RealTime IT News

Homestore Gets a Little Break

Embattled online real estate play Homestore found a little silver lining in one of its clouds when a federal judge in Connecticut ruled that the company's planned sale of ConsumerInfo.com, an online consumer credit unit, can go through.

Westlake Village, Calif.-based Homestore, plagued by accounting scandals, said earlier this month that it would sell its ConsumerInfo.com unit to U.K.-based business software company Experian for $130 million in cash.

Homestore bought ConsumerInfo.com from iPlace in in August 2001. The problem with the sale to Experian was a little request for a restraining order and injunction to halt the sale. The court action came from Stamford, Conn.-based membership services company MemberWorks Inc. , which had been the majority owner of iPlace.

MemberWorks said that a substantial portion of the purchase price from Homestore was paid in the form of Homestore common stock, valued in the merger agreement at approximately $22 per share, or a total of $36 million. Homestore is now trading at about $2.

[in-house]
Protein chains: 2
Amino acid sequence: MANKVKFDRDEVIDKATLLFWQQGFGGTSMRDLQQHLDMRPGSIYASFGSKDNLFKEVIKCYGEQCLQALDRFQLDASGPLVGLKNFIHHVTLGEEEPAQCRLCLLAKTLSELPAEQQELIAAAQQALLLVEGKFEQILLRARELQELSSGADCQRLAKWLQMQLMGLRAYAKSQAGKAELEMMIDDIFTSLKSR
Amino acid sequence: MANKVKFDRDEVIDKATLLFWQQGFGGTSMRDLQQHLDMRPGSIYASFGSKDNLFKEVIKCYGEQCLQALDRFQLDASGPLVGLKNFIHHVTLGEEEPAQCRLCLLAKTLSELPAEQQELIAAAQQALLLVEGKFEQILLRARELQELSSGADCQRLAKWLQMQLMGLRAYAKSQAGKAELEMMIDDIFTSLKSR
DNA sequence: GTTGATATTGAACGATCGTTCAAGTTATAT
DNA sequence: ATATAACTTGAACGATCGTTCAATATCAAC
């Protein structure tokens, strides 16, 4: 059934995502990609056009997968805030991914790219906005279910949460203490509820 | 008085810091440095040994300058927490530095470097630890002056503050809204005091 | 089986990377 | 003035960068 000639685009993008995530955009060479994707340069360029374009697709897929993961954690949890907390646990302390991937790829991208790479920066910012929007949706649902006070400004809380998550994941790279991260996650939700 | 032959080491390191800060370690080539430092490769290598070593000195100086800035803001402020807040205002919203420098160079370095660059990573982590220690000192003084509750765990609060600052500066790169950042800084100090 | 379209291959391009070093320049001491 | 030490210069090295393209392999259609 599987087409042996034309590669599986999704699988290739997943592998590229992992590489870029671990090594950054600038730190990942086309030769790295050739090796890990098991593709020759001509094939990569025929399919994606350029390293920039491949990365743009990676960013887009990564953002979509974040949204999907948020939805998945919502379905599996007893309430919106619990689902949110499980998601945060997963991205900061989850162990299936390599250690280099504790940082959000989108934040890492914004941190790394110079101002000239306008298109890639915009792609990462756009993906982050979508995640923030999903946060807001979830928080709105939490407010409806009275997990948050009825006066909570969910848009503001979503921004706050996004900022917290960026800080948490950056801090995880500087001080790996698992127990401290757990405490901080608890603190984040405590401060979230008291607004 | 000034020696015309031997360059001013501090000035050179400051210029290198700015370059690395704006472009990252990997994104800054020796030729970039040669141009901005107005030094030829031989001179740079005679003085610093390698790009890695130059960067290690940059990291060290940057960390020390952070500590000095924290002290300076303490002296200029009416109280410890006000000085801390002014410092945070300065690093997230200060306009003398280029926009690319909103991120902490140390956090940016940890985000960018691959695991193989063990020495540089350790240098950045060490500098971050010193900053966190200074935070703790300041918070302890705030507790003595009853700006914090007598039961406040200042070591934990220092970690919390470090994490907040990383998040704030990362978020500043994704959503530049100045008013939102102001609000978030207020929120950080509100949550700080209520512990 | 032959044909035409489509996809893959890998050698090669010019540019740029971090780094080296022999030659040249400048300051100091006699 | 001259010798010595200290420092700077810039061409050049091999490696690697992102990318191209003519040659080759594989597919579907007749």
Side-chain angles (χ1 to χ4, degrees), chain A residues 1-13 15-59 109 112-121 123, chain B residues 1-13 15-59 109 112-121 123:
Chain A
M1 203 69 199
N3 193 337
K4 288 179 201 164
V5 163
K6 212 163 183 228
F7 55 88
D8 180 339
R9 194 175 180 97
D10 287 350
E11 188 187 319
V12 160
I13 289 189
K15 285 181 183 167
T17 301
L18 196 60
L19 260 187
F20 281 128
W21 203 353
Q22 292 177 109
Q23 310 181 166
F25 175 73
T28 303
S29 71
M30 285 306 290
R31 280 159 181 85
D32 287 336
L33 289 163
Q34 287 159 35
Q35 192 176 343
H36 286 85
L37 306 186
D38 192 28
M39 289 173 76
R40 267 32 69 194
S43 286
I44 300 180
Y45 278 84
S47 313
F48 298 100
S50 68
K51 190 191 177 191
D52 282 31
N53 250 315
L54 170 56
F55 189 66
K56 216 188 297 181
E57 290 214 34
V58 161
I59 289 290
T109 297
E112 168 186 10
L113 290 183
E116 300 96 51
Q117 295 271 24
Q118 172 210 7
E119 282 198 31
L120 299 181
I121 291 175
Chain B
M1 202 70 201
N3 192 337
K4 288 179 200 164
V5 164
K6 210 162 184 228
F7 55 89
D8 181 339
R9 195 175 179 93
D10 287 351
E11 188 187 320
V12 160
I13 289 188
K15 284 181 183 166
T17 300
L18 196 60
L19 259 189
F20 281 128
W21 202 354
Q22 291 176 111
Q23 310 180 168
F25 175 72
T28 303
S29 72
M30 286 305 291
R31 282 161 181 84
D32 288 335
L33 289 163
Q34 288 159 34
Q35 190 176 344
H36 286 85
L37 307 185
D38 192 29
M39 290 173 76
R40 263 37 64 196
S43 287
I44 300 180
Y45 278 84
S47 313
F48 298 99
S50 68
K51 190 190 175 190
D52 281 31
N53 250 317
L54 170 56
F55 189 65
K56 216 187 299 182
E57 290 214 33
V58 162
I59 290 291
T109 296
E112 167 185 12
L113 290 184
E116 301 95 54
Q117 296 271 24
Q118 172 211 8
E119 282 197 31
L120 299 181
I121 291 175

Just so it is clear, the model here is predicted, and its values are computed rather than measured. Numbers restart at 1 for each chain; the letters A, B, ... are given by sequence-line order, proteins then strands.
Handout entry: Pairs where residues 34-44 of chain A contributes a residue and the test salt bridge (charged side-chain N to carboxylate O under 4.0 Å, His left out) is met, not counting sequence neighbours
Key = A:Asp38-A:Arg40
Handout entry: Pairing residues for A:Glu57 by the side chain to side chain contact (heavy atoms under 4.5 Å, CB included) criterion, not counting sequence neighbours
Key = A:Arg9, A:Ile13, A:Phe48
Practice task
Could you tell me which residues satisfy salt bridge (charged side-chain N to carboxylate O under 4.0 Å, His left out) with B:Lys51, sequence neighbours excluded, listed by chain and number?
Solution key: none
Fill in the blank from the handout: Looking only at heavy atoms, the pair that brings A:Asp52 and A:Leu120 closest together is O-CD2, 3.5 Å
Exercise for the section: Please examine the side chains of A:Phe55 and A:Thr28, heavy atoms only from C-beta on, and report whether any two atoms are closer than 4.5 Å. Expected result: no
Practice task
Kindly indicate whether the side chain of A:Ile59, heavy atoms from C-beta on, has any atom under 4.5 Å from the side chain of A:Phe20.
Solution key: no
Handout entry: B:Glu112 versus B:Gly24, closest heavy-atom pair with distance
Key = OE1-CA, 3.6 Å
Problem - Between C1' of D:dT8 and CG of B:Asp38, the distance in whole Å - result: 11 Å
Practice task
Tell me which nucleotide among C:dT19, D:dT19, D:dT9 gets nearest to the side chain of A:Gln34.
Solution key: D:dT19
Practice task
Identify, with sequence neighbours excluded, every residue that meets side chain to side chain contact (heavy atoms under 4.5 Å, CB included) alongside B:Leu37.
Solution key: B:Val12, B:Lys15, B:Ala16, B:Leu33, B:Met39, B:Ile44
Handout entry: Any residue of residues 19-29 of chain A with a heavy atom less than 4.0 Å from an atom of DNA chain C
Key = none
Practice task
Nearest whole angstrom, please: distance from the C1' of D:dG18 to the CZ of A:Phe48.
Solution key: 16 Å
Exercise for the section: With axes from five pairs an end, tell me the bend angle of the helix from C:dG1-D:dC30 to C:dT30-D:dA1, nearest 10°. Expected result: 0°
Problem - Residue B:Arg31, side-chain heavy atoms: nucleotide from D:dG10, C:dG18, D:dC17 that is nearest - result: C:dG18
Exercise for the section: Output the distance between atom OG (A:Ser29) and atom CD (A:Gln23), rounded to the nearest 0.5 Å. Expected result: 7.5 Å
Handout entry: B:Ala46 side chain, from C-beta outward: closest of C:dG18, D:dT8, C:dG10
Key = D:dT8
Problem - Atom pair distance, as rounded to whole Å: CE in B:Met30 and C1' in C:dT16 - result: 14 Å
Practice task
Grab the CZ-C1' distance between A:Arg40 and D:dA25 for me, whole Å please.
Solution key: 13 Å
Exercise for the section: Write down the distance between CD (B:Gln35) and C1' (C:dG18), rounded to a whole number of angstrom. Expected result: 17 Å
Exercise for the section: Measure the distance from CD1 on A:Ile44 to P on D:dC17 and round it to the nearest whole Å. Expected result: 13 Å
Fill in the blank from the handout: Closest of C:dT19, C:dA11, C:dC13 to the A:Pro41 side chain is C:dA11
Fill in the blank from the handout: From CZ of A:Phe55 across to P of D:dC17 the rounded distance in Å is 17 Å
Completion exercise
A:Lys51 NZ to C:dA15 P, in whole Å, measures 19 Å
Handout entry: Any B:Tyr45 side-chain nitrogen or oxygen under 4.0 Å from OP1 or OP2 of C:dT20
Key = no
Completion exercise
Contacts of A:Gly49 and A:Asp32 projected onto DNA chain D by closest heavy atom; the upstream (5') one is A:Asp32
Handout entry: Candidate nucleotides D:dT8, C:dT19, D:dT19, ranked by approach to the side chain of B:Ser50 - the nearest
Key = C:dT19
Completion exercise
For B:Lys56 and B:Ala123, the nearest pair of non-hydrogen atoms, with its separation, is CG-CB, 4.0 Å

In its suit, MemberWorks accused Homestore of securities fraud, common law fraud, negligent misrepresentation, unjust enrichment, and breach of contract.

In denying MemberWorks' request for an injunction against consummation of the transaction, Judge Janet Arterton ordered that $58 million of the $130 million of proceeds from the sale of ConsumerInfo.com should be placed in a trust.

Arterton also ordered the case transferred from Connecticut to the Central District of California where class action suits for security claims against Homestore are pending.

"We are pleased that the judge has allowed the sale of ConsumerInfo.com to proceed as planned," said Mike Long, Homestore's CEO.

Homestore said at the time the ConsumerInfo.com sale was announced that the deal "divests Homestore of a business that is not central to our real estate focus and allows us to redeploy substantial resources to our primary business objective -- making real estate professionals more productive and profitable."

Earlier this month Homestore completed its internal accounting inquiry for the year 2000 and found that $36.4 million in ad revenue had been improperly recorded as independent cash transactions. The initial bad news last January involved restatement of earnings only for 2001.